8. Working Condition of the Computer at the Time of Readout: "Was the computer system functioning properly at the time when you obtained the readout?"

  9. Recognition of the Exhibit as the Readout: "How do you recognize the exhibit presented here as the accurate readout from the creditor's computer system?"

  10. Explanation of Recognizing the Readout: "Can you explain in detail how you are able to recognize and verify the authenticity of this computer readout?"

  11. Interpretation of Symbols or Terms in the Readout: "If there are any unusual symbols or technical terms in the readout, could you explain their meaning and relevance to this case for the court?"

Why This Line of Questioning Is Significant

  1. Authenticating the Records: By law, for a document to be admissible in court, it must be authenticated. This means that the party presenting the document must demonstrate that the document is what it claims to be. In the case of electronic records from a debt buyer, this involves proving that the records are accurate representations of the original creditor's data.

  2. Ensuring Reliability: Electronic records can be subject to alterations, errors, and inconsistencies. The questioning focuses on the processes and systems used to maintain the integrity of these records. This includes examining how data was entered, stored, and retrieved and the safeguards in place to prevent and detect errors.

  3. Demonstrating Personal Knowledge: The witness from the debt-buying company must have personal knowledge of the original creditor's record-keeping practices. Often, debt buyers acquire records without a deep understanding of how they were created or maintained. Highlighting a lack of direct knowledge can cast doubt on the reliability of the evidence.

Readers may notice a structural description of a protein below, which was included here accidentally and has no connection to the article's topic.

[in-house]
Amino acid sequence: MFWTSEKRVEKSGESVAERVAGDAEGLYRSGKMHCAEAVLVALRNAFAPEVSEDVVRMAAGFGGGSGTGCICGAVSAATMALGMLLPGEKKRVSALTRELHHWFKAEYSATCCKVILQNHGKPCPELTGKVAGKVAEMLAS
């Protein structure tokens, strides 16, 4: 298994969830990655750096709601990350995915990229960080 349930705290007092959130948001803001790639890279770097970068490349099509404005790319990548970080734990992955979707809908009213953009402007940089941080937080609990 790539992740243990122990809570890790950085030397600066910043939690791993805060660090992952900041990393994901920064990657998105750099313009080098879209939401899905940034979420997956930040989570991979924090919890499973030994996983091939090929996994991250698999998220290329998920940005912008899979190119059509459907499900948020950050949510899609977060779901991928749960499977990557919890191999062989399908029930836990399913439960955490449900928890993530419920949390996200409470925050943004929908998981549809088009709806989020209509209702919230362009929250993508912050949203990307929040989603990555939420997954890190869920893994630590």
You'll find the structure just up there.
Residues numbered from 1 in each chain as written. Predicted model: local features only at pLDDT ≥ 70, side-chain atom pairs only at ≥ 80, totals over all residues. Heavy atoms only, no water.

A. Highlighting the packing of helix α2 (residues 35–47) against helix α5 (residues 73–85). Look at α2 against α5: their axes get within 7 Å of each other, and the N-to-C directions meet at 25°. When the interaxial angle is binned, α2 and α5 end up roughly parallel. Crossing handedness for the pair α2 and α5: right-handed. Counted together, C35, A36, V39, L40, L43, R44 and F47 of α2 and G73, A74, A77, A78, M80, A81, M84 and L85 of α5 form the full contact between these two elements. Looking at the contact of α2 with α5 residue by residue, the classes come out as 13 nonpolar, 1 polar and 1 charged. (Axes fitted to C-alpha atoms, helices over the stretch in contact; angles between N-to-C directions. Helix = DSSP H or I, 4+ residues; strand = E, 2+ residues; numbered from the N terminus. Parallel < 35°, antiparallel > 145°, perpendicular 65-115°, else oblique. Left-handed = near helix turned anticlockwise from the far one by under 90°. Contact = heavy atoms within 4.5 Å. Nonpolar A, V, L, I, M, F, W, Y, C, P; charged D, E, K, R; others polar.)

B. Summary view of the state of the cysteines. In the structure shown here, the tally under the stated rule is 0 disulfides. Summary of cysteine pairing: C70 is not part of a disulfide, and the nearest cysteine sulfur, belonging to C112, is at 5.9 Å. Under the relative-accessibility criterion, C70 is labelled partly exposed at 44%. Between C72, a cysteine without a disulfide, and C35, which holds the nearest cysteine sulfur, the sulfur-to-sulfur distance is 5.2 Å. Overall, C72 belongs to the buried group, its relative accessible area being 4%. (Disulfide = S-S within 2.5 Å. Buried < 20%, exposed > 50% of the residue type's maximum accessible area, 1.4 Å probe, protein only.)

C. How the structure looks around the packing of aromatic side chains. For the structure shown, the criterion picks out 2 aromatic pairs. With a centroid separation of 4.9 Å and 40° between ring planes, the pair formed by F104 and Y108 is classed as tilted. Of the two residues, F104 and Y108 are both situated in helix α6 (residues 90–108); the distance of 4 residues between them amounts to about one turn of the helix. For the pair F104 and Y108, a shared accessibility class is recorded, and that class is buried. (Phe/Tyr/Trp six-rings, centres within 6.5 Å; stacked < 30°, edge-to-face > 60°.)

4. Understanding Technical Aspects: The questioning can delve into technical aspects of how the electronic records were managed. This includes understanding any specialized terms or codes used in the records, which is crucial for interpreting the data accurately.

  5. Challenging Chain of Custody: It's important to establish that the records were maintained in a consistent manner from the time of their creation by the original creditor until they were presented in court. Any gaps or inconsistencies in the chain of custody can be grounds to question the records' integrity.

  6. Compliance with Legal Standards: Courts have specific standards for the admissibility of electronic records. The questioning ensures that these standards are met, particularly in the context of the business records exception to the hearsay rule, which allows business records to be admissible if certain criteria are met.

  7. Establishing the Basis for Objections: If the witness cannot adequately answer these questions, it provides a basis for objecting to the admissibility of the records. This can be critical in debt defense, where the absence of reliable records can significantly weaken the debt buyer's case.

Feel free to view my evidence blog, which contains educational content involving the rules of evidence.

Contact us if you want to help raising your defenses in any debt buyer case.

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[1] E. Imwinkelried, Evidentiary Foundations § 4.03[2] (7th ed. 2008).

[2] Jonathan Sheldon, Carolyn L. Carter, Chi Chi Wu, Collection Actions, at 68 [3rd ed 2014].